3. I am to take a Me Moment every day. I confess, this is the one rule I fracture more than any other. Sometimes, I can get so busy that by the time I look up from my work, it's well past seven o'clock in the evening. I make excuses but the truth is I know better. I can always find a half hour in my day to work out, relax with a book, or have tea with a friend. Work should not be all consuming, even if it is my dream job. Once a month, I take a full day away from writing. What do I do? Anything I want. Or nothing at all. 

Also, I try to take several extended breaks during the summer. My husband is a high school photography teacher (and I enjoy photography as a hobby), so I arrange for a light schedule in July so we can spend time together and travel. We’ll take day-trips or long weekends to shoot pictures of landscapes or wildlife. You never know what delightful surprises await when you set out on an adventure  . . .

                                         Photo by Bill Trueit (c) 2012
The biggest lesson I have learned as a full-time writer is - gulp - I don’t have to take every nonfiction contract I am offered. It’s okay to say ‘no’ sometimes (boy, did it take me a long time to be able to say that sentence without cringing). If you write in your spare time, don't put pressure on yourself to reach a certain word count each week or tell yourself you have to write every day. Perhaps, you can carve out 15 or 20 minutes a day, or maybe it's more convenient for your schedule to write for a couple of hours at night or on the weekend. Balance. It's all about balance. Isn't it always?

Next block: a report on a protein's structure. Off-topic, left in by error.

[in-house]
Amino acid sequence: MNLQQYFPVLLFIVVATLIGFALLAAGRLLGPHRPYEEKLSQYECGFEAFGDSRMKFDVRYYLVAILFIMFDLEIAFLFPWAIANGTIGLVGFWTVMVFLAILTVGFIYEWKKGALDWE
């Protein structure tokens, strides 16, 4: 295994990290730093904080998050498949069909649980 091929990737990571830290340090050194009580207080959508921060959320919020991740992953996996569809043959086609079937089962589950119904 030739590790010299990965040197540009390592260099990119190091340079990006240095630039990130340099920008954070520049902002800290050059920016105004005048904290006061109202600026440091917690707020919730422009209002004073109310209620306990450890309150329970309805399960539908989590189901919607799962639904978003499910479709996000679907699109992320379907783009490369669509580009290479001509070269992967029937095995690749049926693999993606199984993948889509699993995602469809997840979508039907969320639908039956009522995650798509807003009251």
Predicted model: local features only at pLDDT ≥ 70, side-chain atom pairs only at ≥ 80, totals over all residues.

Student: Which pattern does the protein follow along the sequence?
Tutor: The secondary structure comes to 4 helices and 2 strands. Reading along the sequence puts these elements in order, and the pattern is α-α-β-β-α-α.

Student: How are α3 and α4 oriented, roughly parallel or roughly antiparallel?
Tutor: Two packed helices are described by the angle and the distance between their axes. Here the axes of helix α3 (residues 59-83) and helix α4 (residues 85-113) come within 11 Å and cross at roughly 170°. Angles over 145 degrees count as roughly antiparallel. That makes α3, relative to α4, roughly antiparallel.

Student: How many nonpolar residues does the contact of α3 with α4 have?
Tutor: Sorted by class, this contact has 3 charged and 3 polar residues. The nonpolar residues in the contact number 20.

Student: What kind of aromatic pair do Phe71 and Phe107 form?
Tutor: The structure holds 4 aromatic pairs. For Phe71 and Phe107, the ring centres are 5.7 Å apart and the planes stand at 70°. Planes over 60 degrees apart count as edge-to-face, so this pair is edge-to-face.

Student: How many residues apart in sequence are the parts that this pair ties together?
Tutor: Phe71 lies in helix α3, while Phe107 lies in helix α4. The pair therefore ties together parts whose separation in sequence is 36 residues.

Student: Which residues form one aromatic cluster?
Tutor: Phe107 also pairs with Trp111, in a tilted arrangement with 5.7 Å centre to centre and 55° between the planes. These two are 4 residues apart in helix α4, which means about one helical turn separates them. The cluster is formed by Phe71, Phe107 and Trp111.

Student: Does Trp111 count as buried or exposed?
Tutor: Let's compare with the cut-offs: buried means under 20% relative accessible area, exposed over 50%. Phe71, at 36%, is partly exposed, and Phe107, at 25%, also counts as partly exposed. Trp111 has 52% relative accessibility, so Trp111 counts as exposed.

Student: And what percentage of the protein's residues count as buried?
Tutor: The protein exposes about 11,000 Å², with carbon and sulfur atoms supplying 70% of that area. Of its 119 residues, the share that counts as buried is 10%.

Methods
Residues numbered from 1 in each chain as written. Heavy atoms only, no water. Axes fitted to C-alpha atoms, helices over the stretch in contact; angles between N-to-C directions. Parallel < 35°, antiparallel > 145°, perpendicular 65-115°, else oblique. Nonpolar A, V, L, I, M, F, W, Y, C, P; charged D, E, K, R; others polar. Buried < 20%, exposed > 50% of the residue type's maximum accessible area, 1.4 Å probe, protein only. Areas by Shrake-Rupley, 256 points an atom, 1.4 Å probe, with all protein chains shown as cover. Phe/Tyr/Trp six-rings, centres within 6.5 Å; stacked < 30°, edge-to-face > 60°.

Speaking of which, while I’ve been writing this blog post, I’ve also been swapping text messages with a librarian for a school visit, printing off mailing labels to send promotional books to contest winners, and on the phone holding for HP tech support (it’s been 22 minutes and I am seriously beginning to doubt whether my call is truly important to them). Oh, and the roof is leaking. I have a feeling today’s Me Moment is going to involve a hot bubble bath and a lot of chocolate  . . .

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Trudi Trueit writes the Secrets of a Lab Rat series and a bunch of nonfiction for children. Check out the trailer for her newest tween title, Stealing Popular (Aladdin MIX) and visit her website at


  1. Busy doesn't cover it, Trudi! So impressed by your output...

  2. I love the "me moment" idea. So simple, yet something I never thought of at all.

  3. Thank you, Holly! I've been very fortunate to work with some fine publishers and editors, who have made the busy-ness (and business) a joy! @ Lizzie, Thanks! I think we all need 'me moments,' no matter what our career! Wonder what you will do with yours?

  4. Your 'Me Moments', artist dates, and meditation are excellent ways to rejuvenate the muse!

  5. Thanks, Marcia! I am amazed at how even a short amount of time away can make such a big difference in recharging my writing batteries!